In the Almost Promised Land: American Jews and Blacks, 1915-1935

Front Cover
JHU Press, Oct 1, 1995 - Biography & Autobiography - 271 pages
0 Reviews
Seeking the reasons behind Jewish altruism toward African-Americans, Hasia Diner shows how - in the wake of the Leo Frank trial and lynching in Atlanta - Jews came to see that their relative prosperity was no protection against the same social forces that threatened blacks. It thus became in the Jewish American self-interest to support the black struggle for racial justice and to fight against American prejudice. Jewish leaders and organisations genuinely believed in the cause of black civil rights, Diner suggests, but they also used that cause as a way of advancing their own interests without seeming pushy or too demanding - launching a vicarious attack on the nation that they felt had not lived up to its own pronouncements of freedom and equality.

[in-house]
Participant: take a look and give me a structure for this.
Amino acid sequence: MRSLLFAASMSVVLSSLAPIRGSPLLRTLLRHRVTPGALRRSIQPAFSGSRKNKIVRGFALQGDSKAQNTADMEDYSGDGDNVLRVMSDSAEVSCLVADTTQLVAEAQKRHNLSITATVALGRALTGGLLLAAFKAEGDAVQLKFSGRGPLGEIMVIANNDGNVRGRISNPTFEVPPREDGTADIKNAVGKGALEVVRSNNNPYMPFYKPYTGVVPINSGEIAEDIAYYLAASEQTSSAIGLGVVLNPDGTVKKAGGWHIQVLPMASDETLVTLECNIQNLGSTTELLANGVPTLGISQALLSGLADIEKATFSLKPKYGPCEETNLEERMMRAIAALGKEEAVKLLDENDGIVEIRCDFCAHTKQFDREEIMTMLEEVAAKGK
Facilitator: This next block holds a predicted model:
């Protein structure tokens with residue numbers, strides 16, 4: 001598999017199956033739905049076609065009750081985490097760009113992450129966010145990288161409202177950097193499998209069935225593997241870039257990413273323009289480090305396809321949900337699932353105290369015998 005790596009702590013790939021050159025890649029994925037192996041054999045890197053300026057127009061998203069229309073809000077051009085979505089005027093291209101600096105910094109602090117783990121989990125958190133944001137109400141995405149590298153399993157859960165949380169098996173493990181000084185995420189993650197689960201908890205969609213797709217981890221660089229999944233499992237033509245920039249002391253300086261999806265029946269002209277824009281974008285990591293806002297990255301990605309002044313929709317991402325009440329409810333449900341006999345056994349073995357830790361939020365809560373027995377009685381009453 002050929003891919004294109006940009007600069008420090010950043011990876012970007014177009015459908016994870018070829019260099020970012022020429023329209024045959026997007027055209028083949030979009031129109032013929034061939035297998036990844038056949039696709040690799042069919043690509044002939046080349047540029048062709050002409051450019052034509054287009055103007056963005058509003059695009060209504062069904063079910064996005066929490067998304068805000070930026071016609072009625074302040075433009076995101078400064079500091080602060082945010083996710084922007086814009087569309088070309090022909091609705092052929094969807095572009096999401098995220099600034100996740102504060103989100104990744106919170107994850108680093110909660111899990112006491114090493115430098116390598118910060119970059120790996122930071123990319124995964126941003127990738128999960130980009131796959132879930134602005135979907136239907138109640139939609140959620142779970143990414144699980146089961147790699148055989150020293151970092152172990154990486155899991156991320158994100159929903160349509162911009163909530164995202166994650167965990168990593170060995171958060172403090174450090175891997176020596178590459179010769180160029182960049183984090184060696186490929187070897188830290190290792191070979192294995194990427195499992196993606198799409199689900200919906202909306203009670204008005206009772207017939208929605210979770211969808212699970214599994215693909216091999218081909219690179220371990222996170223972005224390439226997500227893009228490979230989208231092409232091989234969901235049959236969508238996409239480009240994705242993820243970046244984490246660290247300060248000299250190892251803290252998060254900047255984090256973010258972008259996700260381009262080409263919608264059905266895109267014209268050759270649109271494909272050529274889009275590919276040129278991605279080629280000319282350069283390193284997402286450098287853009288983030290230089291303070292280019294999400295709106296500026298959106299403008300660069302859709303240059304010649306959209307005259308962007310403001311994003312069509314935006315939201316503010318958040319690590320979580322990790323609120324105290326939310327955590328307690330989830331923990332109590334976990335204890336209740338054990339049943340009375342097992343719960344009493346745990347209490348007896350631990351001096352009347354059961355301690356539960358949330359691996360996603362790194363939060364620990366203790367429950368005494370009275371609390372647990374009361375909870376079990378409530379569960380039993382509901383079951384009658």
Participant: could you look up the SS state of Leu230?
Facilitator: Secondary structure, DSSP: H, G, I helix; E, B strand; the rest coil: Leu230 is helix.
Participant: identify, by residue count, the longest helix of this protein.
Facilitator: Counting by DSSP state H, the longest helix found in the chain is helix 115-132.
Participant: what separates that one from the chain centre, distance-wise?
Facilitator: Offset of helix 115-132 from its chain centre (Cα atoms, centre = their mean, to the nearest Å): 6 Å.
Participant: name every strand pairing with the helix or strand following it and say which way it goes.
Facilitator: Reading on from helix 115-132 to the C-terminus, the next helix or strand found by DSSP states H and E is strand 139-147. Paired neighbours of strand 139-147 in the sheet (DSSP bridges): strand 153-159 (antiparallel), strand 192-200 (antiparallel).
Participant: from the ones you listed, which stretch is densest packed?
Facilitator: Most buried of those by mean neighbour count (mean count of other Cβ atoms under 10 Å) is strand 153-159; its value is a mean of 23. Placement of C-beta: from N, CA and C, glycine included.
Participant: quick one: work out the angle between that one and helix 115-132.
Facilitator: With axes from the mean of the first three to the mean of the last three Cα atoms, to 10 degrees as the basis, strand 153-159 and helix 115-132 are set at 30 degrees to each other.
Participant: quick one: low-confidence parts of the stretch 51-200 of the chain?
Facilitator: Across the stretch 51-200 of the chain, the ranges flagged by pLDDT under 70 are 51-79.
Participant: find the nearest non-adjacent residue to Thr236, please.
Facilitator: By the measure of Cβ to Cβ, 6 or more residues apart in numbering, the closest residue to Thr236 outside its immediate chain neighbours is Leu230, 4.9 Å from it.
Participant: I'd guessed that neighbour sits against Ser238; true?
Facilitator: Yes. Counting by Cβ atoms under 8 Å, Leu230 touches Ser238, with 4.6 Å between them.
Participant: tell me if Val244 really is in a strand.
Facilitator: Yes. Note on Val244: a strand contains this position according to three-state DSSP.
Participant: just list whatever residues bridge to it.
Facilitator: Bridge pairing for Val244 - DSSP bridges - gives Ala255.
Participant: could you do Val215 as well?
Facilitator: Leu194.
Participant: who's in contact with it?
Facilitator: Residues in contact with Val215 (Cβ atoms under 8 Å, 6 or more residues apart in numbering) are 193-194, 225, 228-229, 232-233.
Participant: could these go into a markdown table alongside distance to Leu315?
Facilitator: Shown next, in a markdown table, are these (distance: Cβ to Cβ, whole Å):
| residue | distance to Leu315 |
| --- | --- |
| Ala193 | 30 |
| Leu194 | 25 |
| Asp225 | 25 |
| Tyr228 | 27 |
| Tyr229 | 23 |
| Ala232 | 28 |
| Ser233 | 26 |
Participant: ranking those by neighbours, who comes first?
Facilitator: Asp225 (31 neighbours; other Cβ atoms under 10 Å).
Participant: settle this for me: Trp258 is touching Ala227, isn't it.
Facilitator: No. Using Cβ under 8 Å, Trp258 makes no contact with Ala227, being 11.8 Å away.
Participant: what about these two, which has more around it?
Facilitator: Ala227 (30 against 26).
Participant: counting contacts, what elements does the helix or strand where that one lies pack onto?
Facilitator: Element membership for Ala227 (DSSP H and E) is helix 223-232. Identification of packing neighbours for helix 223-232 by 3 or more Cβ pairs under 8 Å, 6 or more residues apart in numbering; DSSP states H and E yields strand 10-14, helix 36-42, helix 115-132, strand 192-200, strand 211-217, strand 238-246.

What people are saying - Write a review

We haven't found any reviews in the usual places.

Contents

Images of Blacks
28
English
89
Jews in the Black
118
Jews and Black
164
Jewish Labor
199
for Identity
236
Section
281
A Introduction
365
List of Principal Works
373
List of Statutory Material
379
B Monetary Enforcement
383
Copyright

Other editions - View all

Common terms and phrases

Popular passages

Page 381 - An Act for the Abolition of Imprisonment for Debt, for the punishment of fraudulent debtors, and for other purposes.

References to this book

All Book Search results »

About the author (1995)

Hasia Diner is professor of American Studies at the University of Maryland, College Park. She is the author of Erin's Daughters in America and A Time for Gathering: The Second Migration, 1820-1880 (Volume II in the series The Jewish People in America), both available from Johns Hopkins.

Bibliographic information